My Heart and Other Black Holes
Jasmine Warga, author of My Heart and Other Black Holes, on the taboo of talking about depression and mental health.
I often get asked why I chose to take on the subject matter of teenage suicide, and the most honest answer is: I didn’t choose it, but it chose me. I know that sounds rather arty, but it’s the truth. The creative process is a mysterious and magical thing—one morning, I woke up with Aysel’s voice in my head, and her voice led me to her character, which in turn led me to Roman and this story. I’m sure the fact I was myself in a period of grief at the time Aysel’s voice came into my head, combined with my own memories and experiences, contributed to her voice arriving at the time it did, but nevertheless, I was chasing a story, as opposed to making a purposeful choice to take on a pretty taboo topic. Sometimes I find that people mistakenly believe that authors sit down to write manifestos about what the author knows or has observed, and while that may be true for some authors, for me, it is actually the opposite. I write to explore, to ask questions. When Aysel’s voice popped into my head, she was asking tough questions about family history, depression, the intractability of grief, the suffocating nature of isolation, and I decided to follow her voice and ask those questions with her, to explore this fictional landscape through her eyes.
With all that said, it is undeniable that the book addresses the topic of teenage suicide, but if it is a book about any particular issue, I believe it is a book that is more about teenage depression than it is about teenage suicide. Sadly, suicide and depression are often linked, as severe depression is frequently listed as one of the causes of suicide. I know that it seems like the biggest taboo so to speak surrounds suicide, but I would argue that our society has made depression equally taboo, which has led to stigmatizing and misunderstanding of this disease. Too many people, especially young people, suffer in silence because they are afraid if they open up and are honest about what is really going on inside their heads, they will be judged and shamed. One of the questions Aysel is preoccupied with is whether she is irrevocably broken, doomed to always feel the weight of the darkness, and while I’m not sure the book gives any perfectly concrete answers, I do believe Aysel begins to understand that depression is a very real and serious disease, but it does not have to be a terminal one.
The great irony in the book is the only person Aysel feels comfortable confiding in is Roman because she knows that he is also suffering from similar feelings. And from opening up to him, she begins to feel a bit of lightness slip into her life. One of the most maddening things about depression is that the disease can make it feel nearly impossible to explain what is going on inside your head, and because of the stigma society has placed on those suffering from mental illness, opening up is often that more difficult. And this is where I always like to argue that while the book covers the topic of teenage depression and suicidal ideation, it is really about empathy, love, and understanding. It is empathy, love, and understanding that make all the difference, and right now as a global society, we often fail those suffering from mental illness in that regard.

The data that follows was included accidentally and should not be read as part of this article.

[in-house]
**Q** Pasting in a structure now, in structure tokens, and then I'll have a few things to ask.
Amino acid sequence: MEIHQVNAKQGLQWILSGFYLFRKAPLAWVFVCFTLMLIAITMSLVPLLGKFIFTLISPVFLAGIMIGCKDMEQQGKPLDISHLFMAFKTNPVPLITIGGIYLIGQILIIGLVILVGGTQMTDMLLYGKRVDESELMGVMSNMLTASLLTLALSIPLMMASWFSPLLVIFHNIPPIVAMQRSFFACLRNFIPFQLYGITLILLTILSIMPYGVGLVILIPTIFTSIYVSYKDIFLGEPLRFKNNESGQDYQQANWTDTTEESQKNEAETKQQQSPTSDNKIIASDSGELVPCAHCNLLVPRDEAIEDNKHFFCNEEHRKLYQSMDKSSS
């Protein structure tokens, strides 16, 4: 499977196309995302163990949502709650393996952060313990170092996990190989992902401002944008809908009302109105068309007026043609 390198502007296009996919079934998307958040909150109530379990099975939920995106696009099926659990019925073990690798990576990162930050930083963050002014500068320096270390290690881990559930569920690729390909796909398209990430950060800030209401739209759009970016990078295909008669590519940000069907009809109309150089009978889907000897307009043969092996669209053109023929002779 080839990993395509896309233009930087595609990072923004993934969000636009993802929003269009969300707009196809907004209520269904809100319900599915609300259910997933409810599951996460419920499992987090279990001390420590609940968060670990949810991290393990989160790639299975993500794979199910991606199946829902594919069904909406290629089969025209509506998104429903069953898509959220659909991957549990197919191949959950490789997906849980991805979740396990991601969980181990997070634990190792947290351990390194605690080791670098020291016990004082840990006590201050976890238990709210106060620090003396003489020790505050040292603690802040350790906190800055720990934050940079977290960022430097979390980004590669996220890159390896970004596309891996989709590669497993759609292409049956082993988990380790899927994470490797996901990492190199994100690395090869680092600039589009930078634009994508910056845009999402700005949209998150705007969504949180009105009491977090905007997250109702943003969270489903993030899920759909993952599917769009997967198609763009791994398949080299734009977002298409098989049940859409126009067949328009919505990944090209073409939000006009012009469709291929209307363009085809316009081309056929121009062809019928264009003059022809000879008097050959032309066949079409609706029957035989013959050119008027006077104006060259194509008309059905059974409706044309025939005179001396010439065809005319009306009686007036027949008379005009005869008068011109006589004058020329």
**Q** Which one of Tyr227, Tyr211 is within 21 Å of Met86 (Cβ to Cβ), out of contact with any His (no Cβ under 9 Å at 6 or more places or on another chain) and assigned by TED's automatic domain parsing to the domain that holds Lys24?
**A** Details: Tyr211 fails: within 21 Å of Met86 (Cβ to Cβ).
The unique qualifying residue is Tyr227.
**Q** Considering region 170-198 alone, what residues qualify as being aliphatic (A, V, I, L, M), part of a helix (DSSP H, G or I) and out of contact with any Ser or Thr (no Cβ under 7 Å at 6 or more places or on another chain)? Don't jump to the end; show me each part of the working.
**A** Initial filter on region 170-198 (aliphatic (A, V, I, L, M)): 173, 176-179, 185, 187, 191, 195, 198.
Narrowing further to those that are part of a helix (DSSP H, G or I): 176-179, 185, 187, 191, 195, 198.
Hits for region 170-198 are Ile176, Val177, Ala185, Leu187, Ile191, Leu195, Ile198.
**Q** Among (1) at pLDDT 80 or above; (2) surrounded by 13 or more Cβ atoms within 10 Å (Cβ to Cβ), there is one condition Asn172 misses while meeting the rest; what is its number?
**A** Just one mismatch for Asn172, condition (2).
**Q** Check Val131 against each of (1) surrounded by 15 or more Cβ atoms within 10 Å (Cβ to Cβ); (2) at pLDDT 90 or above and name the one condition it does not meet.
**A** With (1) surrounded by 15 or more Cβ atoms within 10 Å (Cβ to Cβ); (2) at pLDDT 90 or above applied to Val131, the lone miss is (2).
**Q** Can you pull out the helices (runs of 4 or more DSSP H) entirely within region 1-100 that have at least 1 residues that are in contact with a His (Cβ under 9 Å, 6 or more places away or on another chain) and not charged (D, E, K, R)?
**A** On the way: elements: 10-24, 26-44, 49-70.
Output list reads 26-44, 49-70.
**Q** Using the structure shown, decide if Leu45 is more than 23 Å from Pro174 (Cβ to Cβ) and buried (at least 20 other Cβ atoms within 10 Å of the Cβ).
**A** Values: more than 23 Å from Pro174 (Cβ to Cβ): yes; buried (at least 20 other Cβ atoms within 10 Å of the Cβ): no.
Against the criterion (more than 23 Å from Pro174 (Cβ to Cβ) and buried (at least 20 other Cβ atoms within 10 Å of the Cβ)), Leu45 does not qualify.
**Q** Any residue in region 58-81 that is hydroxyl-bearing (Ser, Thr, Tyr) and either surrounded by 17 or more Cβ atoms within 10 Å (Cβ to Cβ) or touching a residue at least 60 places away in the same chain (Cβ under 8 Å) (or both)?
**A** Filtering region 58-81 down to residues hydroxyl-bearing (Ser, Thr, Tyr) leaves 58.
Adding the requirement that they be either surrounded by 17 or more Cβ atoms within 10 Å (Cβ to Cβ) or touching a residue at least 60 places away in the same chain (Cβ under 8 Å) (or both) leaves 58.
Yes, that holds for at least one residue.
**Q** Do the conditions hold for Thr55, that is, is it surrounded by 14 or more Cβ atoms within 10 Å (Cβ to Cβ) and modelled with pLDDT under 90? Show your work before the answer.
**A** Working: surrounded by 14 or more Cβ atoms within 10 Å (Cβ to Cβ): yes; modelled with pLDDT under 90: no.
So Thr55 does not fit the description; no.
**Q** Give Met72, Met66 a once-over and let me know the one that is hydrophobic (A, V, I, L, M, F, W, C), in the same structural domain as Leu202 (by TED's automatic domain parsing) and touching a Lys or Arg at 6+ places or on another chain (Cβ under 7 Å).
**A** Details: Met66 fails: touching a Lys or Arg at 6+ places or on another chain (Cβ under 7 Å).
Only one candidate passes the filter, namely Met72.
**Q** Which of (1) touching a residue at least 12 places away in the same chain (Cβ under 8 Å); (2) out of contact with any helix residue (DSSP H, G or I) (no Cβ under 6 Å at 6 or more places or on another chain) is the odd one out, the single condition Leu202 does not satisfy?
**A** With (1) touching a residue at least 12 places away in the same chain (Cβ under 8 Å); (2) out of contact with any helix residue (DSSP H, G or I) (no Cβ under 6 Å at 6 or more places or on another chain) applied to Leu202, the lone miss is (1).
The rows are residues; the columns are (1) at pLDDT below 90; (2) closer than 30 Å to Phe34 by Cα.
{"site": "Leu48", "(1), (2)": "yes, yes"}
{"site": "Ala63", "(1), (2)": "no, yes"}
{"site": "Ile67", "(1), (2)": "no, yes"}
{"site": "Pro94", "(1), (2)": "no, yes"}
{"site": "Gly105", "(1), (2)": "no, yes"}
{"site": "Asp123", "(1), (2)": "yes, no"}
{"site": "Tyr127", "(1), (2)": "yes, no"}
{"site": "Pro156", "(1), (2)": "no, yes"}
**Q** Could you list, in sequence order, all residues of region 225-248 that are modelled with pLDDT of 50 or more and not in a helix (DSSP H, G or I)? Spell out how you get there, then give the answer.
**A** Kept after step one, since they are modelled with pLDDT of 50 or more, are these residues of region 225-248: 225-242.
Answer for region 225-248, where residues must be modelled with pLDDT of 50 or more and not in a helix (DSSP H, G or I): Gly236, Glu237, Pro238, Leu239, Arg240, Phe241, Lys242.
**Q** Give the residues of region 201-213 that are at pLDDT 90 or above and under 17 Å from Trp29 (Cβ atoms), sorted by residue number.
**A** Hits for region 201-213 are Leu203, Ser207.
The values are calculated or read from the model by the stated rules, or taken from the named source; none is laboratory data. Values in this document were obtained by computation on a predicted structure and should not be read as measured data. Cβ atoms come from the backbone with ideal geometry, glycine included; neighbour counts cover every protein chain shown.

I hardly did any outside research while writing this novel. Instead, I wrote from my heart, gut, and my own memories. It is not meant to be a clinical and exhaustive study of depression, but rather a story about two teenagers who are both suffering from depression and suicidal ideation. My editor, though, did have the manuscript reviewed by a psychiatrist before the book went to print, and we were thrilled when he reported that he found the novel to be an authentic, realistic, and responsible portrayal of teenage suicidal ideation and depression.
It is my greatest hope that readers who follow Aysel on her journey will be encouraged to join in the movement to reframe the cultural conversation surrounding suicide and depression. When 1 in every 5 teenagers has experienced some form of suicidal ideation, we shouldn’t be burying that fact under the rug—instead, we should have an open discussion about the reality and validity of those feelings, and encourage treatment and therapy. I truly believe that if as a society, we begin to show the same type of care and sensitivity to those suffering from mental illness as we do to those suffering from other illnesses that present in a more physical way, those who suffer from depression will start to feel more comfortable reaching out and asking for help; hopefully some day more people will not view accepting treatment or talking with a therapist as something to be embarrassed about, but rather as a brave choice.
I’m always a bit surprised when people refer to my book as 'edgy' or 'controversial'. I understand why they say this, but I believe at the heart of the novel there is a call for empathy and understanding, and I very much hope that isn’t taboo.